What is Psychological Trauma
Our fight or flight response was a gift that kept us alive early in our evolution while we were living in the wild. When we heard a tiger growl, we either had to fight a tiger or run away from a tiger. The first thing that happens during the fight or flight response is that our mind loses our connection to our body. If you are going to fight a tiger or run 50 miles away from one, you don't want to feel what is happening to your body.
The fight or flight system is less helpful when it is being activated by fear of social situations or by traumatic memories in our past. When our fight or flight system becomes activated and there is no one to fight and nowhere to run, we can not discharge the enormous amount of emotional energy our brains are carrying. When we become disconnected from our bodies we are not aware of the physiological responses that are accelerating the stress response.
We do not feel our heart rate skyrocketing. We do not feel our bodies warm and start to sweat as blood moves into the small capillaries across the top level of our skin. We do not feel our muscles store tension and lock up. These physical responses, when we are not aware of them, deepen our emotional distress. If we do not take steps to interrupt the stress response our minds will continue to obsess and our thoughts to race. This experience of fear, directed at a problem we cannot solve by more thinking, will make us feel powerless, the world feel unsafe, and the future feel hopeless.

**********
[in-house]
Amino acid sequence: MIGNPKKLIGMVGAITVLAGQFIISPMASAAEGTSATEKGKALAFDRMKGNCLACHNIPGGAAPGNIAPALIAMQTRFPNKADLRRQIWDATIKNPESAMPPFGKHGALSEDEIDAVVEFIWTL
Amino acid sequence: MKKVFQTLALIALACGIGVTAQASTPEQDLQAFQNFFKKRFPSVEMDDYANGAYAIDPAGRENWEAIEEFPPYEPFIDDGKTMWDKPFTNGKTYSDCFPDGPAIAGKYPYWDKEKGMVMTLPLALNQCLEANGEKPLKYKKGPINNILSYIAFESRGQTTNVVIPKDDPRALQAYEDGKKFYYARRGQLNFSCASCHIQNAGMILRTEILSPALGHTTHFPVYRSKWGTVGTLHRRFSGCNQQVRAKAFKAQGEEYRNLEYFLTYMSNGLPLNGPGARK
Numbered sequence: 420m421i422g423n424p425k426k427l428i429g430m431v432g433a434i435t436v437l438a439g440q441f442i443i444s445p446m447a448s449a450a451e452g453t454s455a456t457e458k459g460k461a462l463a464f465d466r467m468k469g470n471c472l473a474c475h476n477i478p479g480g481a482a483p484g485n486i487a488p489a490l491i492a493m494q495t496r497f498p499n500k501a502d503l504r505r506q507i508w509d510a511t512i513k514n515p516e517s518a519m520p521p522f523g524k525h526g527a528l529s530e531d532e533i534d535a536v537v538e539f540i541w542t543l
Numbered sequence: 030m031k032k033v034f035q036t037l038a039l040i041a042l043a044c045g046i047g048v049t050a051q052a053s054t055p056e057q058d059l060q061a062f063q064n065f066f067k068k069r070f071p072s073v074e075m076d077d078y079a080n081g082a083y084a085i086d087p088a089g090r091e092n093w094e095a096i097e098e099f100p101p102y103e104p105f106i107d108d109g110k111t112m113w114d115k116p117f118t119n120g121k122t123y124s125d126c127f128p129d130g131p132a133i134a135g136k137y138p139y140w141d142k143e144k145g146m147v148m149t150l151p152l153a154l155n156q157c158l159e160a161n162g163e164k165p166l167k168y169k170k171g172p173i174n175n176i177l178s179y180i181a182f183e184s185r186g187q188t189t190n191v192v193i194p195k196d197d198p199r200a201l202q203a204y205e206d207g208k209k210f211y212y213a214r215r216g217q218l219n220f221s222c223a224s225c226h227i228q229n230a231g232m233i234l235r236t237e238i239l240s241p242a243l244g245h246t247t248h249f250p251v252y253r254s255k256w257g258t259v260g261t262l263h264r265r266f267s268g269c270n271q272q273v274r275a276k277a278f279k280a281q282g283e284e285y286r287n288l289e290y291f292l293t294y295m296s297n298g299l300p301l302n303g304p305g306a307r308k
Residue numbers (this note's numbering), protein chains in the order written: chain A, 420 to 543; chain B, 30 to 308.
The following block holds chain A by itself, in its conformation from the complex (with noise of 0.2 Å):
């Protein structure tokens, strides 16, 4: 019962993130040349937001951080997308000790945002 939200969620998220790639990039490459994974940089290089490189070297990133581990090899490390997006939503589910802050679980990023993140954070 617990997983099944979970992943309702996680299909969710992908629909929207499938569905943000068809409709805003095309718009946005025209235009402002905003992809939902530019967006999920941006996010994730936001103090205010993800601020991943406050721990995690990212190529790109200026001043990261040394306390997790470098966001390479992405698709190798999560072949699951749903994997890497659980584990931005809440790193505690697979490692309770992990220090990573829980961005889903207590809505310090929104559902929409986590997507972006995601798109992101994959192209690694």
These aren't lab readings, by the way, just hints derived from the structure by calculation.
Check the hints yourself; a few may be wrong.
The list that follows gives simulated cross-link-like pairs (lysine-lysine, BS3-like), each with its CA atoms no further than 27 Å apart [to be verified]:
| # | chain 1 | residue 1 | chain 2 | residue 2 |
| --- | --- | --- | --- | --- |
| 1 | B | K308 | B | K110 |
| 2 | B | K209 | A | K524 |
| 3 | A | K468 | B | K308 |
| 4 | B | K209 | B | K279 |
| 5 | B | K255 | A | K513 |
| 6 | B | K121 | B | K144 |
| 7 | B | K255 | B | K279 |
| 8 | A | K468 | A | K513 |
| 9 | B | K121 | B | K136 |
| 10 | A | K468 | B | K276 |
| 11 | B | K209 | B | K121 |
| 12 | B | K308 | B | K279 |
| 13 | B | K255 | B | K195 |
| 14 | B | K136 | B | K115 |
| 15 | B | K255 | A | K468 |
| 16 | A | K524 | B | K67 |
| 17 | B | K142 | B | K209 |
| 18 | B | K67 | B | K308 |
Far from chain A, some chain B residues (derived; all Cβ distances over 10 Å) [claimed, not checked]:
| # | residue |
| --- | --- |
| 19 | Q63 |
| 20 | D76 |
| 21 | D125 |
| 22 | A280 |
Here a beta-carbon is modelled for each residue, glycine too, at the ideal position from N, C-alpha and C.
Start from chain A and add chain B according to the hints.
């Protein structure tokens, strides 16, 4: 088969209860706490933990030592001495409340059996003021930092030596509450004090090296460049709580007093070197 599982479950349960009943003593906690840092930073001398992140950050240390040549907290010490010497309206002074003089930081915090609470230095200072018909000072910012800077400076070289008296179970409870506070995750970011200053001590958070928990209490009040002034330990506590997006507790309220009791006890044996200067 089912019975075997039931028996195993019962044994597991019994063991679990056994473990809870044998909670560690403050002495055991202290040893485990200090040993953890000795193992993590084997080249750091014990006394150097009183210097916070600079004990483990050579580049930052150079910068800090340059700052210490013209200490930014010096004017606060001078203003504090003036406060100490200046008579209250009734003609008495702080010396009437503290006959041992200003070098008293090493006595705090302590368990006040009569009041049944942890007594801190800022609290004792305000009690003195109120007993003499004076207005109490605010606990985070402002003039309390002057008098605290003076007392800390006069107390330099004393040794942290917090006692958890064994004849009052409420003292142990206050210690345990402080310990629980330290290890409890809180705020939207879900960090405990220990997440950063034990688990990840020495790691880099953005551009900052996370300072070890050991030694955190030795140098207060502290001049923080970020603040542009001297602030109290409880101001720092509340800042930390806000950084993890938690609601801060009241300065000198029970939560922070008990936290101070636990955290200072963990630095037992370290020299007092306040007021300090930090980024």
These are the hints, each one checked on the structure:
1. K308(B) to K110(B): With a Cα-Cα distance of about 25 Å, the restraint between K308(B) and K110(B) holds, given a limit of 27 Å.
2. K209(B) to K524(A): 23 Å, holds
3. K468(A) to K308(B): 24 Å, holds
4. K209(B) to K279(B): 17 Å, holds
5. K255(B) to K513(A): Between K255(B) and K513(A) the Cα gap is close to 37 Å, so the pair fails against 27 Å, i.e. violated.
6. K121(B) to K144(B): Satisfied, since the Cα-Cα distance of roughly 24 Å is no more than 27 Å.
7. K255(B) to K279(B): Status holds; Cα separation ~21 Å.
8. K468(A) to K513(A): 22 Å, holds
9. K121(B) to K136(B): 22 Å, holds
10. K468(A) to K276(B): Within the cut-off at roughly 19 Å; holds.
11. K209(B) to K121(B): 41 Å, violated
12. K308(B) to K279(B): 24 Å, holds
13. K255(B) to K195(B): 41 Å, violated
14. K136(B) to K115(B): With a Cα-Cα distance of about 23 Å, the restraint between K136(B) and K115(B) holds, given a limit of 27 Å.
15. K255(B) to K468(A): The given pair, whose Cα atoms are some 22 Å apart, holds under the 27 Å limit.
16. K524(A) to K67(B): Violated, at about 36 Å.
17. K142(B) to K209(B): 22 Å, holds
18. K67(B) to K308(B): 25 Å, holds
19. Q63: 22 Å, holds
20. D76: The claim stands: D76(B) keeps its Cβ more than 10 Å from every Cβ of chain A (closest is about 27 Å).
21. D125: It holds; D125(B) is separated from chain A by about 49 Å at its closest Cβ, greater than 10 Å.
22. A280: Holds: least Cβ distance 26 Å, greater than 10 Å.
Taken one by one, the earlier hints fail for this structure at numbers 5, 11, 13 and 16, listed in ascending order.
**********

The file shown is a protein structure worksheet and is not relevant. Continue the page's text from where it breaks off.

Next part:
When we are experiencing trauma our brain is in such an activated state that it is not able to record memories correctly. Traumatic memories are written into the brain improperly. These memories are experienced somatically and emotionally as if they were currently happening to us every time we recall the memory. We feel a physical activation and deep emotional experience before we make sense of our experience cognitively. Intellectually we may know that these events occurred in the past, but emotionally and physically we experience the sensations of the trauma in the present. Normal healthy memories we can recall as past events that we are able to think about, form new ideas about, and have new perspectives on.
Because the traumatic memory is something that we are forced to relive every time we access it, we are not able to integrate these memories into a larger story and are stuck with the beliefs that we held about ourselves and our surroundings during the trauma. These trauma memories or traumatic fears are “stuck” or “black and white”. We are not able to understand the trauma as an event that is no longer our current reality. The part of our brain that is activated during our fight or flight response is not able to tell time. The stuck memory will activate the amygdala without activating the other parts of the brain we need to think and reason. These stuck memories are the reason that we panic and dissociate. Reliving the emotions and beliefs from a past experience makes us feel powerless, as we attempt to escape from an event that is no longer taking place.
This inability to think about the trauma without experiencing it means that we are trapped within the distressing feelings we had about ourselves during the trauma. This is why we feel powerless, hopeless, responsible, or dirty, even though the incident is no longer taking place. These negative beliefs about the self during the trauma, are often the most lasting and damaging part of the traumatic incident. Recognizing and combating being overwhelmed by the trauma belief is the first step towards pulling yourself away from the incident and back into your current surroundings and current reality.